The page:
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Quenton L. ELDERS, Jr., Appellant v. COMMONWEALTH of Kentucky, Appellee.
Quenton L. Elders, Jr. (Elders) appeals from an order of the Jefferson Circuit Court denying his motion to suppress. Elders also appeals from the Jefferson Circuit Court's judgment convicting him of one count of sodomy and/or rape in the third degree, one count of distribution of obscene matter to minors, and of being a persistent felony offender in the second degree. For the following reasons, we affirm.
In December 2008, Elders was indicted by a Jefferson County Grand Jury on two counts of first-degree rape, two counts of first-degree sodomy, first-degree unlawful transaction with a minor, possession of a handgun by a convicted felon, promoting prostitution, and distribution of obscene matter to a minor. With the exception of the possession of a handgun by a convicted felon charge,1 all of these charges involved a fourteen-year-old girl, A.H.
Prior to trial, Elders moved to suppress evidence, and the trial court denied that motion. A trial was subsequently held on September 28–30, 2011. The witnesses presented diverse versions of the facts in this matter. Therefore, we summarize their testimony below.
1. A.H.'s Testimony
In late August or early September 2008, A.H. noticed a missed call notification on her cell phone. When she returned the call, Elders answered. Although she did not know Elders, A.H. spoke with him and told him that she was fourteen years old when he asked her age. When Elders asked her if she wanted to make some money, A.H. responded that she did, and the two agreed to meet the next day in a church parking lot.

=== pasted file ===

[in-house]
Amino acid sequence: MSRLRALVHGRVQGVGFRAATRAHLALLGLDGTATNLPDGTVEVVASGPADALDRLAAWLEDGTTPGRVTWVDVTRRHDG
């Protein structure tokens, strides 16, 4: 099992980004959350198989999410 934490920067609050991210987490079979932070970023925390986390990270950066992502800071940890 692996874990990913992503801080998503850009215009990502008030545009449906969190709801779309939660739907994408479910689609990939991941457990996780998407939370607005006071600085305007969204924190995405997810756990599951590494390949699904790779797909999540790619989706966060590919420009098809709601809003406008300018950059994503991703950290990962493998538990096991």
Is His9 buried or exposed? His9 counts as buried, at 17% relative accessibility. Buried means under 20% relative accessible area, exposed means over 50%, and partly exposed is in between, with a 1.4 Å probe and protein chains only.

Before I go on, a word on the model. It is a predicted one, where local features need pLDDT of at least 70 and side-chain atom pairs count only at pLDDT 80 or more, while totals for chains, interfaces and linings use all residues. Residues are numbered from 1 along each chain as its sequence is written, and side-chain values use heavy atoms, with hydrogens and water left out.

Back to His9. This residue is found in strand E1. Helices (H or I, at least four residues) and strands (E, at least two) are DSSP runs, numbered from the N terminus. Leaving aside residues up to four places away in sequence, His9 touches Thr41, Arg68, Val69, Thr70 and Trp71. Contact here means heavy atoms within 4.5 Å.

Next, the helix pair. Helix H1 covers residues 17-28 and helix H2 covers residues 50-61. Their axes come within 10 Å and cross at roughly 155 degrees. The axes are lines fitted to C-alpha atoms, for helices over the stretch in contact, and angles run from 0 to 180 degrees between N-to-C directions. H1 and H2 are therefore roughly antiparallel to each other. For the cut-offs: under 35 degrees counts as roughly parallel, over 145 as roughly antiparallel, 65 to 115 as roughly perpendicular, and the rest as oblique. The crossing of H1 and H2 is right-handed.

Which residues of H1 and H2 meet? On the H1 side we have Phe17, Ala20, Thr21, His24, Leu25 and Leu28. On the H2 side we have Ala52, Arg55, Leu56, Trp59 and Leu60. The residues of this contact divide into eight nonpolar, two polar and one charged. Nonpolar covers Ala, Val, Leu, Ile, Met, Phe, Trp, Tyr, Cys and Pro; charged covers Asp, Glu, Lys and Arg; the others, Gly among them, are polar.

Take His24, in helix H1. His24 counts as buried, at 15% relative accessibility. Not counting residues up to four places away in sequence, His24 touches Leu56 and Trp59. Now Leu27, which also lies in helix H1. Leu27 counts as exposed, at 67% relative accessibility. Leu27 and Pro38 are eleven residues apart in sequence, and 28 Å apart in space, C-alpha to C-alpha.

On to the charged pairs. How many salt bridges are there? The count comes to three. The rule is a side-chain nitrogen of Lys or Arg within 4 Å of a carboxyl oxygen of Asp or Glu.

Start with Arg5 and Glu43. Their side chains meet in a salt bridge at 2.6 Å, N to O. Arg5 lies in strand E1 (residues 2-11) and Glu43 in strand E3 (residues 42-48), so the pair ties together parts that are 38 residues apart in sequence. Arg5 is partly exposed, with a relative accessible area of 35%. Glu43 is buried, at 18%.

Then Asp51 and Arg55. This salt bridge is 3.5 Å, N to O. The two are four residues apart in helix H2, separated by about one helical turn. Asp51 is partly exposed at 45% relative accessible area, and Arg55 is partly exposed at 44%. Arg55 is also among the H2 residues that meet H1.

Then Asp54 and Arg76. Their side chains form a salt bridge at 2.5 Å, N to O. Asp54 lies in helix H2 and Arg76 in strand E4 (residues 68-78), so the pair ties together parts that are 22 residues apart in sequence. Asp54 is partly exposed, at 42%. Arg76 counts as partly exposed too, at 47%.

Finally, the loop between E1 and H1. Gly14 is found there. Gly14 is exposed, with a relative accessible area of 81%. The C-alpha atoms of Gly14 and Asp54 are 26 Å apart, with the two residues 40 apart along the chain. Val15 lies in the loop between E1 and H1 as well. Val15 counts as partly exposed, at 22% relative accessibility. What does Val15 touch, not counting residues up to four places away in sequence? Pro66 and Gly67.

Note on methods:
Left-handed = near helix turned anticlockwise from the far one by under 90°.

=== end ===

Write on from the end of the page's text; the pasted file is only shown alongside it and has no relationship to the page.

After meeting in the parking lot, the two went to an apartment building on West Jefferson Street in Louisville, Kentucky. While A.H. waited in Elders's car, he went into the building and returned with two bags of clothes and a video camera.
The two then went to another apartment that was located above a t-shirt shop on South 28th Street in Louisville. While in that apartment, A.H. tried on some of the “skimpy” clothes that Elders had brought in the bags. Elders then explained to A.H. she could work for him as a prostitute and that he would take half of any money she earned. The two then engaged in sexual activity.
After their sexual encounters, Elders showed A.H. videos he had on his video camera so she could see what she was supposed to do. The videos showed women walking in dresses and high heels through Shawnee Park and performing oral sex on Elders. After they watched the videos, Elders took A.H. to Shawnee Park where she walked around in a “skimpy” dress while Elders videotaped her. They then left the park and Elders returned A.H. to the church parking lot.
After this initial encounter, A.H. began working as a prostitute for Elders, who scheduled customers to meet A.H. at the South 28th Street apartment. During August or September 2008, A.H. had sex with approximately ten men. Elders collected all of the money, which, despite their agreement, he did not share with A.H.
2. Cross's Testimony
Romeo Cross (Cross) testified that: he occupied the entire building on South 28th Street; he owned and operated the t-shirt shop on the bottom floor of that building; and leased the apartments on the top floor. Cross had known Elders for approximately five years, and had leased an apartment to Elders's brother. However, Elders's brother had moved out, and the apartments were vacant during August and September 2008. Cross kept the outside door that led to the apartments locked, and he kept the only key. Cross never saw a young girl visiting the apartments.
3. Detective Crowell's Testimony